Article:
I was confirmed
The next crucial step was getting feedback from mature and experienced church leaders. Friends will generally be nice to you and tend to say things that affirm you – so getting some objective and impartial guidance is essential. Your own church leaders must be the first ‘port of call’ for this. They know you best and are the people who will have seen your ministry work first-hand. For myself and my wife it was a meeting with our elders to tell them what was on our heart and to hear what they thought about it. This primary input of my local church leaders was also added to and helped by speaking to other Christian workers and learning from their experiences of vocational ministry. All of which combined to broaden my understanding about the realities of vocational ministry and my suitability for it.

I was counselled
Stepping out of a secure/pensioned job, at the age of 33 with a wife, child and another on the way was a big challenge. I was convinced that if the rest of my life was going to be vocational ministry I needed to invest in some training at the outset. But where to go, how to pay for it and, especially as someone from an Independent church, where would I end up?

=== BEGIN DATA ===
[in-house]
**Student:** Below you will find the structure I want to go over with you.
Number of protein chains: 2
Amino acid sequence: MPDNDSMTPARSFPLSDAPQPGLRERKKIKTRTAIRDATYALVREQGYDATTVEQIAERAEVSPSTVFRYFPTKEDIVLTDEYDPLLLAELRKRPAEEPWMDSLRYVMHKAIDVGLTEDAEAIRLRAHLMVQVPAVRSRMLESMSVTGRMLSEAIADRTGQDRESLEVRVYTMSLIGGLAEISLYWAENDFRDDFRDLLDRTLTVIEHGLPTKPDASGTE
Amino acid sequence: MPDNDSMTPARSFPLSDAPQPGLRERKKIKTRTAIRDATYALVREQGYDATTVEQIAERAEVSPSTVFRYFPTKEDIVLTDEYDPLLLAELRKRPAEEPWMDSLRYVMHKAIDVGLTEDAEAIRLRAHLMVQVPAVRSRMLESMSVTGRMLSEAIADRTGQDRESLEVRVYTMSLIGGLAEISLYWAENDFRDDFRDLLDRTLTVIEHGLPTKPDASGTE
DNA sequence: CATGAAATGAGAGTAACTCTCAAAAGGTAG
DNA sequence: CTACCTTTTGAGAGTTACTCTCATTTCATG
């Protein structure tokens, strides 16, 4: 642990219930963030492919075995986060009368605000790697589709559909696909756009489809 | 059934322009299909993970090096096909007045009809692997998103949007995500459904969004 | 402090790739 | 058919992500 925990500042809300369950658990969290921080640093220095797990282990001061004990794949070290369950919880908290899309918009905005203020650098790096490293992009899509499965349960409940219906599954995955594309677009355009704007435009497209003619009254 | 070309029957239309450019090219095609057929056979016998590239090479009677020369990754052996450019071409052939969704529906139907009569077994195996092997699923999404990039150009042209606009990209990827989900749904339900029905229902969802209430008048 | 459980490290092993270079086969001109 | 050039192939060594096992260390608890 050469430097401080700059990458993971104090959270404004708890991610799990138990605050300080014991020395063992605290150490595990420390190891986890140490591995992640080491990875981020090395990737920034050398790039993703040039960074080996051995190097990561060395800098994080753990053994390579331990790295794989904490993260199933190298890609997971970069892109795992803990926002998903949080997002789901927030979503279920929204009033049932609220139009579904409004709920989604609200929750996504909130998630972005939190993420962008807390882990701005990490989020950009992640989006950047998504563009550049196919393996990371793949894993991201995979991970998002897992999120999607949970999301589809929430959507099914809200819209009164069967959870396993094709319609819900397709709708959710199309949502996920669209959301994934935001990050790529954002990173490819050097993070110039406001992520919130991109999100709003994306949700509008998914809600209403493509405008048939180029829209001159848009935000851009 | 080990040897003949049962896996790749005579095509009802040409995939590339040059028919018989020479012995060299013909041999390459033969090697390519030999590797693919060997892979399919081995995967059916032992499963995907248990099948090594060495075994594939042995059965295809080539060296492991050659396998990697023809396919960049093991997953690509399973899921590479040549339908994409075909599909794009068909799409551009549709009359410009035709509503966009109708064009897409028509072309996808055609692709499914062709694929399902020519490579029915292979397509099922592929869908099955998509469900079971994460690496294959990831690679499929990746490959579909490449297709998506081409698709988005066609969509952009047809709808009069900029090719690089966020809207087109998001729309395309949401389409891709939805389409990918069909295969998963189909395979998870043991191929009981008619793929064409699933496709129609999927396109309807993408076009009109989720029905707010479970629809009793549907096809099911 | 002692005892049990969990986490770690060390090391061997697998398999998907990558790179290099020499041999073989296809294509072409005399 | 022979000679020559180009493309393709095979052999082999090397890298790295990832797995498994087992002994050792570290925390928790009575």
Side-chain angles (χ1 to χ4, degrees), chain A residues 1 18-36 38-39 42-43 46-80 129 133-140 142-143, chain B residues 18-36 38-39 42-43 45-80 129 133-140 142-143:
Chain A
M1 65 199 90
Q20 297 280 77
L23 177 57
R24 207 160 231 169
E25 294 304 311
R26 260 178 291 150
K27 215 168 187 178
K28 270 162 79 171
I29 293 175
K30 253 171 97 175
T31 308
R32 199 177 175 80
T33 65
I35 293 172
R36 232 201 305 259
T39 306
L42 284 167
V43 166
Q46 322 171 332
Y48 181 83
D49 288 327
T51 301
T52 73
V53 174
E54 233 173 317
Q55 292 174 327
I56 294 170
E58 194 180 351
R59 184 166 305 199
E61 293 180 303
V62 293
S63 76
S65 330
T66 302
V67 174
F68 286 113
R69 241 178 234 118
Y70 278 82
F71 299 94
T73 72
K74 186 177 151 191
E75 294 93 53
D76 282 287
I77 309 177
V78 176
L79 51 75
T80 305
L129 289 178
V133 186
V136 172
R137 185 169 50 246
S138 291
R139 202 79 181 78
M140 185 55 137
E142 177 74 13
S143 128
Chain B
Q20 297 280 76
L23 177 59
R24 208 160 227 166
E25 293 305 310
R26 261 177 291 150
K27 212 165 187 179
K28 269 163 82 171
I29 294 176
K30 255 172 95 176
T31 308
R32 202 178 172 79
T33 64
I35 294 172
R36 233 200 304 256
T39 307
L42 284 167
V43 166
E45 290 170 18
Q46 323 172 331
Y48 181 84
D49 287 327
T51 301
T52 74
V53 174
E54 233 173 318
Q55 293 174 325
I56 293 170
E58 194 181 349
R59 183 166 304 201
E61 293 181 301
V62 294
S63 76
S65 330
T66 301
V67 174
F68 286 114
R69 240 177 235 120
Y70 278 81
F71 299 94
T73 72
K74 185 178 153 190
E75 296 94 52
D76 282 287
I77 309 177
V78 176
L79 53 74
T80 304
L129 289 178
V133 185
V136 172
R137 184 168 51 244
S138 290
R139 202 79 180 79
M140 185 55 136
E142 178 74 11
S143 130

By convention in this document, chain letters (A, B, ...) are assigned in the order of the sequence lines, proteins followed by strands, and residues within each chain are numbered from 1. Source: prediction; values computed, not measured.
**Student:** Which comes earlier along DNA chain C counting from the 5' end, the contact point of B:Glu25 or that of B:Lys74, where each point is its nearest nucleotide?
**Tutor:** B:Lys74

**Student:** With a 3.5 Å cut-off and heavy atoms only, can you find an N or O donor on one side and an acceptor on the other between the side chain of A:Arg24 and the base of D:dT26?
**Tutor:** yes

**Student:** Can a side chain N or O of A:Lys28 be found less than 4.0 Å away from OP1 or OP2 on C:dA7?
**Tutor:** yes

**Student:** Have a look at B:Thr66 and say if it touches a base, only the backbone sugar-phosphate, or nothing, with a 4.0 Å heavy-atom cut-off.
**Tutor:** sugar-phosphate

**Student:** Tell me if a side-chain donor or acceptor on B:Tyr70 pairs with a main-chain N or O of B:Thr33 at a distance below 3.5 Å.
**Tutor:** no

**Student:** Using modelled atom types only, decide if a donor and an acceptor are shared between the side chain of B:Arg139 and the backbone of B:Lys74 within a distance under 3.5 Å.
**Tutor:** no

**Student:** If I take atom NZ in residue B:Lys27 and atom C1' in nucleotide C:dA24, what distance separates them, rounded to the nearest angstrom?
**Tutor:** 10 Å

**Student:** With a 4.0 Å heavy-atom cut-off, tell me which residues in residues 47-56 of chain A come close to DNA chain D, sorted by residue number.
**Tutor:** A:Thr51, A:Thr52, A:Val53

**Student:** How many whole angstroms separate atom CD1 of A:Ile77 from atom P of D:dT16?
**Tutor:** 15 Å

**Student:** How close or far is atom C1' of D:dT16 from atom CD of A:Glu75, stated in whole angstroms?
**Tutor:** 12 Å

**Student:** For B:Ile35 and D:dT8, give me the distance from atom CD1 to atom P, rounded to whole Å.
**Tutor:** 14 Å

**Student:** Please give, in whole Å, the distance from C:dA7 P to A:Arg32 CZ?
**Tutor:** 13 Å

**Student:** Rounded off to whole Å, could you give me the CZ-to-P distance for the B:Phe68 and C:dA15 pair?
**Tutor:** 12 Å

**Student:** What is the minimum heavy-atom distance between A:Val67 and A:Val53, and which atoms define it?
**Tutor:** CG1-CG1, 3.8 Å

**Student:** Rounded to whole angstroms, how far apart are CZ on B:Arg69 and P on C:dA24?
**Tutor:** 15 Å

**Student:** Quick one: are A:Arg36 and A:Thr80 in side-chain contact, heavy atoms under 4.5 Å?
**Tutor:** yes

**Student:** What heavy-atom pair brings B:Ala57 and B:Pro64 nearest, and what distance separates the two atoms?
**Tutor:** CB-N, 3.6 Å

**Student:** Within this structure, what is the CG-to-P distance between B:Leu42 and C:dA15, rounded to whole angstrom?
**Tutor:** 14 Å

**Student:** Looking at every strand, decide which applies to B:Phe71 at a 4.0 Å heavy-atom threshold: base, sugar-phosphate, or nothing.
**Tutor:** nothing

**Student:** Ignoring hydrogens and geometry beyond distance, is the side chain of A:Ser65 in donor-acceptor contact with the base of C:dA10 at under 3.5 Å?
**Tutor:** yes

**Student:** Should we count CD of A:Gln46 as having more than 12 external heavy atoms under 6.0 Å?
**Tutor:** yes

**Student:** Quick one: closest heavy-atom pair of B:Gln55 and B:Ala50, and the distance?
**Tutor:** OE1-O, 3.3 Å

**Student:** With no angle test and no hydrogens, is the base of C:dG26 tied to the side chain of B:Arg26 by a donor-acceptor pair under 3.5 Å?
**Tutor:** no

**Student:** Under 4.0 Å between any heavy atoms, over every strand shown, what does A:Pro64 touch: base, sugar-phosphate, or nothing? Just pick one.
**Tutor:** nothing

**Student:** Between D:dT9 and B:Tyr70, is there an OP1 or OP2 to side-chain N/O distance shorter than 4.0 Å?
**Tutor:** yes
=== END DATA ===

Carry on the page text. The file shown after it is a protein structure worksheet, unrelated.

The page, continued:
For example when I first figured out how much I’d need to raise to go to Bible College – I felt sick and honestly thought that was the end of that idea! But actually, I wasn’t the first person to have faced these challenges. So with a big intake of faith and with the encouragement and advice of others, who had faced those challenges and been down that road before me, it did work out – it was possible.

So wherever you are on that ‘long and winding road’ book your space at the Pathways Conference for…

·         CHALLENGE – what needs done?
·         CONFIRMATION – should you do it?
·         COUNSEL – how you can do it?